Syria air strikes: Parliament could be recalled as David Cameron hints at involvement in Middle East

 

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Indy Politics

Parliament could be recalled as soon as Friday to authorise Britain’s participation in air strikes against Isis militants in Iraq, it has emerged.

David Cameron is due to meet the new Iraqi Prime Minister, Haider al-Abadi, at the fringes of the United Nations meeting in New York on Wednesday. Downing Street sources said they expect Mr Abadi to request UK assistance for air strikes against Isis in his country.

The Defence Secretary, Michael Fallon, has strongly hinted that British involvement might be extended to air strikes in Syria.

“The government of Iraq is entitled to argue that it is under attack from Isil [Isis] forces in Syria or coming from Syria,” he told The Spectator.

“Iraq is under attack not just from terrorists inside its own borders but it is under attack from terrorists in the north of Syria and if Syria continues to be unwilling or unable to deal with Isil then at least the question arises as to whether we shouldn’t assist Iraq in doing so.” He added: “I hope Parliament now will have the courage shown by our armed forces already, [and] will  have the mental strength to take on this challenge, but we’ll see.”

While no decision is expected to be announced in New York, Mr Cameron will return after his address to the UN General Assembly to discuss the request with the Cabinet on Friday.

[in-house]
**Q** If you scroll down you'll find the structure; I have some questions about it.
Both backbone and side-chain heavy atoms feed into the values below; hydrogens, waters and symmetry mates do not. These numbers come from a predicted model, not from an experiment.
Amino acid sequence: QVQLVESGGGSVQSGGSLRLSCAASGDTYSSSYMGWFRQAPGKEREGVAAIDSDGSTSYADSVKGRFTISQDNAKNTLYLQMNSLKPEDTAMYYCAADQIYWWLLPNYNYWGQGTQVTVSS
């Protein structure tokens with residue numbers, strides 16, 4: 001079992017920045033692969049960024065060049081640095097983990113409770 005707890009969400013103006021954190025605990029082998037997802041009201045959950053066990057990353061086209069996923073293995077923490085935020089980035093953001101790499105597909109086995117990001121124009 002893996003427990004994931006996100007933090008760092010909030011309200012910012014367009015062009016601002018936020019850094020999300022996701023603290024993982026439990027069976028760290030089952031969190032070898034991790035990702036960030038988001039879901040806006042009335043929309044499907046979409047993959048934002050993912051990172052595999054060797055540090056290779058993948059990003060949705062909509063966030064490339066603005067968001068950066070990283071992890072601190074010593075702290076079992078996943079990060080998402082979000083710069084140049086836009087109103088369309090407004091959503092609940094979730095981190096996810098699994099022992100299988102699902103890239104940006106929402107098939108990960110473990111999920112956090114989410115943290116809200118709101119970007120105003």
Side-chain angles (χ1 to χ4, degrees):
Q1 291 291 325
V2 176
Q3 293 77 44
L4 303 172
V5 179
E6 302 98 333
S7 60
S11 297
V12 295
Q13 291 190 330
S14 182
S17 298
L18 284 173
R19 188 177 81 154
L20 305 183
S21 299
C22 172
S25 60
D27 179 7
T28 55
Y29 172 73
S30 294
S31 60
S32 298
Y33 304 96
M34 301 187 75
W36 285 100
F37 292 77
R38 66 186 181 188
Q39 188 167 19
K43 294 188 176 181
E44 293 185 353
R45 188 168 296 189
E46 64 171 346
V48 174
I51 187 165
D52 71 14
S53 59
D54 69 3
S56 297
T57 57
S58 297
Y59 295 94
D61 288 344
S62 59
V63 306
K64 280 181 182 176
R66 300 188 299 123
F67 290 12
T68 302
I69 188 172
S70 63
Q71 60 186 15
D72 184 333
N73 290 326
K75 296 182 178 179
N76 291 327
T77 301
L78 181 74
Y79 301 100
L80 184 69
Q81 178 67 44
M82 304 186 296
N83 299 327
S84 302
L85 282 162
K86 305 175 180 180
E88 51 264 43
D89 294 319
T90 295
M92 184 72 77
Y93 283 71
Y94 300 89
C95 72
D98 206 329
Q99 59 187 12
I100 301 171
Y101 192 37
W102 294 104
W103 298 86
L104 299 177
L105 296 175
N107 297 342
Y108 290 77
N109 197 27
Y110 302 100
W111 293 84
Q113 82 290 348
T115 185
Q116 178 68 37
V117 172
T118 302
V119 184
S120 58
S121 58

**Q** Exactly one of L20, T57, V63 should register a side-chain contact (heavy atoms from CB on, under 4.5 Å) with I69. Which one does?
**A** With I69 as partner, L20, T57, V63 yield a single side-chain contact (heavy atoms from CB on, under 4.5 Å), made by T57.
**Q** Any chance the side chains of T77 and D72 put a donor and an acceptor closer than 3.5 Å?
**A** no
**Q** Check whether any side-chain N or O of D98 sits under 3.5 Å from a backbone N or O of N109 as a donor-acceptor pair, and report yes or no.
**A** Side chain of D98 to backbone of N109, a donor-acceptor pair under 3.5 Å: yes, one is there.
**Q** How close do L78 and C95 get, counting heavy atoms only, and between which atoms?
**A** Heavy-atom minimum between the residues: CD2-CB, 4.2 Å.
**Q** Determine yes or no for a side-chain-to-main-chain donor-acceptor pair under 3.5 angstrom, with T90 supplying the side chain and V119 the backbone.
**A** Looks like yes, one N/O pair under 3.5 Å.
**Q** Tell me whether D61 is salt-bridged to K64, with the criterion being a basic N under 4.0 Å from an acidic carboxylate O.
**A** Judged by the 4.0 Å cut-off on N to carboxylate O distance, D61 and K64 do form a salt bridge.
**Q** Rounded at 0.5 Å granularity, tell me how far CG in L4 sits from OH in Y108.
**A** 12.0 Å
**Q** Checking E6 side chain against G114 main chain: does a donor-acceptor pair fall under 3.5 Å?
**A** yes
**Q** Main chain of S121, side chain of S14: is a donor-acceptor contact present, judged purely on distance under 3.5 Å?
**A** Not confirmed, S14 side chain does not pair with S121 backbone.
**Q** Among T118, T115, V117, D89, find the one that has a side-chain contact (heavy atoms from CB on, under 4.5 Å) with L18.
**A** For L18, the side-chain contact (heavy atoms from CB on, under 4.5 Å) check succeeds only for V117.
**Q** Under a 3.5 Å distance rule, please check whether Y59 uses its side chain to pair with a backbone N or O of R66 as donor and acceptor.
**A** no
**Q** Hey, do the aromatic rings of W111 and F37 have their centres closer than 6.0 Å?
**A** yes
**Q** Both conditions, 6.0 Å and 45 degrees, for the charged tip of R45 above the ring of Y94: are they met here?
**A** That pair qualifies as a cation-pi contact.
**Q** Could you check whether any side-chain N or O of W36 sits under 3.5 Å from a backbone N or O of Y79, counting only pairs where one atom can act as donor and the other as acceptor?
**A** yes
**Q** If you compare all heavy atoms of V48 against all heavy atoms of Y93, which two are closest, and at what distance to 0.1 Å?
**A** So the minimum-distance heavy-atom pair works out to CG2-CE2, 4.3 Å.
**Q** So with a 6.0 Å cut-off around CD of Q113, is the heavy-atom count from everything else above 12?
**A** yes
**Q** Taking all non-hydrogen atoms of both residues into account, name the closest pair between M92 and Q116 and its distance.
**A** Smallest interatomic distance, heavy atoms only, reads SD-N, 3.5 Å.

This could potentially clear the way to recall MPs for an emergency debate on Friday, though it is possible the debate could be pushed back until late next week.

 

Conservative whips are understood to have prepared their backbenchers for the possibility of being recalled.

In an interview with the US broadcaster NBC, Mr Cameron gave the clearest indication yet that he was in favour of military action – though probably only in Iraq.

“This is a fight you cannot opt out of,” he said. “These people want to kill us. They’ve got us in their sights and we have to put together this coalition… to make sure that we ultimately destroy this evil organisation.”

Asked whether the UK would be prepared to go from “dropping aid to dropping bombs”, Mr Cameron replied: “We certainly haven’t ruled it out.” But the Prime Minister is determined to avoid the embarrassment of the previous occasion he went to Parliament to request approval for military action, when the motion was defeated by Labour.

This time, he is expected to seek explicit agreement from Labour for the wording of any motion in advance. Today, Ed Miliband hinted that this is likely to be forthcoming.